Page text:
Mississippi on my mind

I haven’t been down to Buddy’s on Delaware Avenue in a while, but after reading Paul Greenberg’s piece, I might just have to make a tamale run.

Enough of the New South; a longing for the old one had surfaced. As it regularly does. Come to think, is there anything older than the succession of New Souths that mark our ever recurring past in these fecund latitudes? Shiny New Souths just keep coming ’round and ’round-like the same garish motel you keep passing when, lost on some freeway in Atlanta or Dallas, you realize you’ve been going in circles.

The illusion arises in every generation: At last we’re going to be a nation like all other nations! The next big thing will finally free us from the dead hand of the past-from our choking Southernness. Industrialization, that was going to be the ticket! Or maybe truck farming. Then education-or at least technical training. Racial Integration! Air-conditioning! High-tech corridors! Name your shiny cure-all that will change everything.

But the more we changed, the more Southern we longed to be. There may not always be an England, but I’m beginning to suspect there’ll always be a South. Why else this sudden, inexplicable, atavistic yen to head for the Delta, cross The River, and rest under the shade of the trees?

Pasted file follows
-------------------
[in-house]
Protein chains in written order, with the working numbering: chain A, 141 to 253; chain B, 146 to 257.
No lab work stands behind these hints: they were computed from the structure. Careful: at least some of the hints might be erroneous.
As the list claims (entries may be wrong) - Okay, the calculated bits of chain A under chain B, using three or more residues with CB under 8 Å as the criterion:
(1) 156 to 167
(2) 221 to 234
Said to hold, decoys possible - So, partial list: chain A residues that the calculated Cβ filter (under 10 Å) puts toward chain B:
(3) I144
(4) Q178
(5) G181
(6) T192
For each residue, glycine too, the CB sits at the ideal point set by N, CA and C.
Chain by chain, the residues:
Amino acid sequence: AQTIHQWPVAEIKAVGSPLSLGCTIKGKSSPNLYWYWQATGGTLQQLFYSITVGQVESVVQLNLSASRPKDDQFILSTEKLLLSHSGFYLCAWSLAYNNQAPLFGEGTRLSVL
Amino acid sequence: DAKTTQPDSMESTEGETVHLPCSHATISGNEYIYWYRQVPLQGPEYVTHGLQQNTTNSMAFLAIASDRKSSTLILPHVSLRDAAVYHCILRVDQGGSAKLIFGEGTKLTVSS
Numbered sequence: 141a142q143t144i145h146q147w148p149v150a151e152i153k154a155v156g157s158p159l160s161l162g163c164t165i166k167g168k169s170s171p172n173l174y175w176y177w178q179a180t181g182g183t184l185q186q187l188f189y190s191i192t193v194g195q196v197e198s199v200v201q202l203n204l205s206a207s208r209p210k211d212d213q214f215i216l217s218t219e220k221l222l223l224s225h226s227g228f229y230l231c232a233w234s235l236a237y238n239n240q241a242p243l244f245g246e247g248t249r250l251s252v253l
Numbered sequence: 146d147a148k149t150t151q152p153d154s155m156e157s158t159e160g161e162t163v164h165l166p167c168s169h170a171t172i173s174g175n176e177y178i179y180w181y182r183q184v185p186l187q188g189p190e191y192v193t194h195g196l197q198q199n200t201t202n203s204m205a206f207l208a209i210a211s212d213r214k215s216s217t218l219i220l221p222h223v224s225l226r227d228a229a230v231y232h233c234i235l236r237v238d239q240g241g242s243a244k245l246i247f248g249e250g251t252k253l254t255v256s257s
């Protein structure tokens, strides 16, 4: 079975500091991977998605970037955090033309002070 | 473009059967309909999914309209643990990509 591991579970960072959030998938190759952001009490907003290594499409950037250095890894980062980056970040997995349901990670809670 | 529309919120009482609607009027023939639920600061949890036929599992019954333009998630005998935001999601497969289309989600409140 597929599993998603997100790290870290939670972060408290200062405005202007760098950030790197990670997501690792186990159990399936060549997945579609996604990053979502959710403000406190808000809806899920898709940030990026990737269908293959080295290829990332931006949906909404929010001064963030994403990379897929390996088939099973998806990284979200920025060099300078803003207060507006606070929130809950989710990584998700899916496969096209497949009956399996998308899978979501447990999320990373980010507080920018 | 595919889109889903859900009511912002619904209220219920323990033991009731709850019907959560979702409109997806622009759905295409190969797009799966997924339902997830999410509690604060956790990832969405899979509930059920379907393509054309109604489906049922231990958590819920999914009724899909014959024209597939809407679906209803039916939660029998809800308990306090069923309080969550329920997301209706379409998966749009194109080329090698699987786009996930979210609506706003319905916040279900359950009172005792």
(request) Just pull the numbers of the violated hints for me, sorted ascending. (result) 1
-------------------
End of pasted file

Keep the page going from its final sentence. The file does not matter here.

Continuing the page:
NOW, AS the latest Ponzi schemes peel away, the Southerner experiences a familiar, dizzying sensation of deja vu. Haven’t we been here before? Isn’t this where we came in? There is a sweet familiarity to the slow dissolution of all that empty optimism. We won’t miss it. For when the blues begin to set in, the Southerner’s immediate reaction is to savor them, drown in them, exult in them. Oh, the troubles we seen! And are seeing. And we confess there is no health in us.

We rush to embrace disillusion like an old friend, like a witches’ brew we’ve developed a thirst for. After all that bubbly champagne that we never trusted anyway, we go looking for cheap bourbon, for the good old kick in the gut of Early Times. And head out for the Delta. For the mother warmth of home.

Like the Calvinists we’ve always been in the depths of our souls, we wallow in the evidence of our natural depravity. Our world hasn’t changed after all. There is something assuring about the realization. We can stop faking modernity, confess our sins, and return to our roots. What a relief.

At times like these, we want a taste of Mississippi and ruin. Just to restore perspective, to get back in touch with the patience and long view that only defeat can give a people. Of course Yankees don’t remember The War. Why should they? They won.

An excerpt really doesn’t do justice to this fine piece. Please, read it all.

(h/t n2l)

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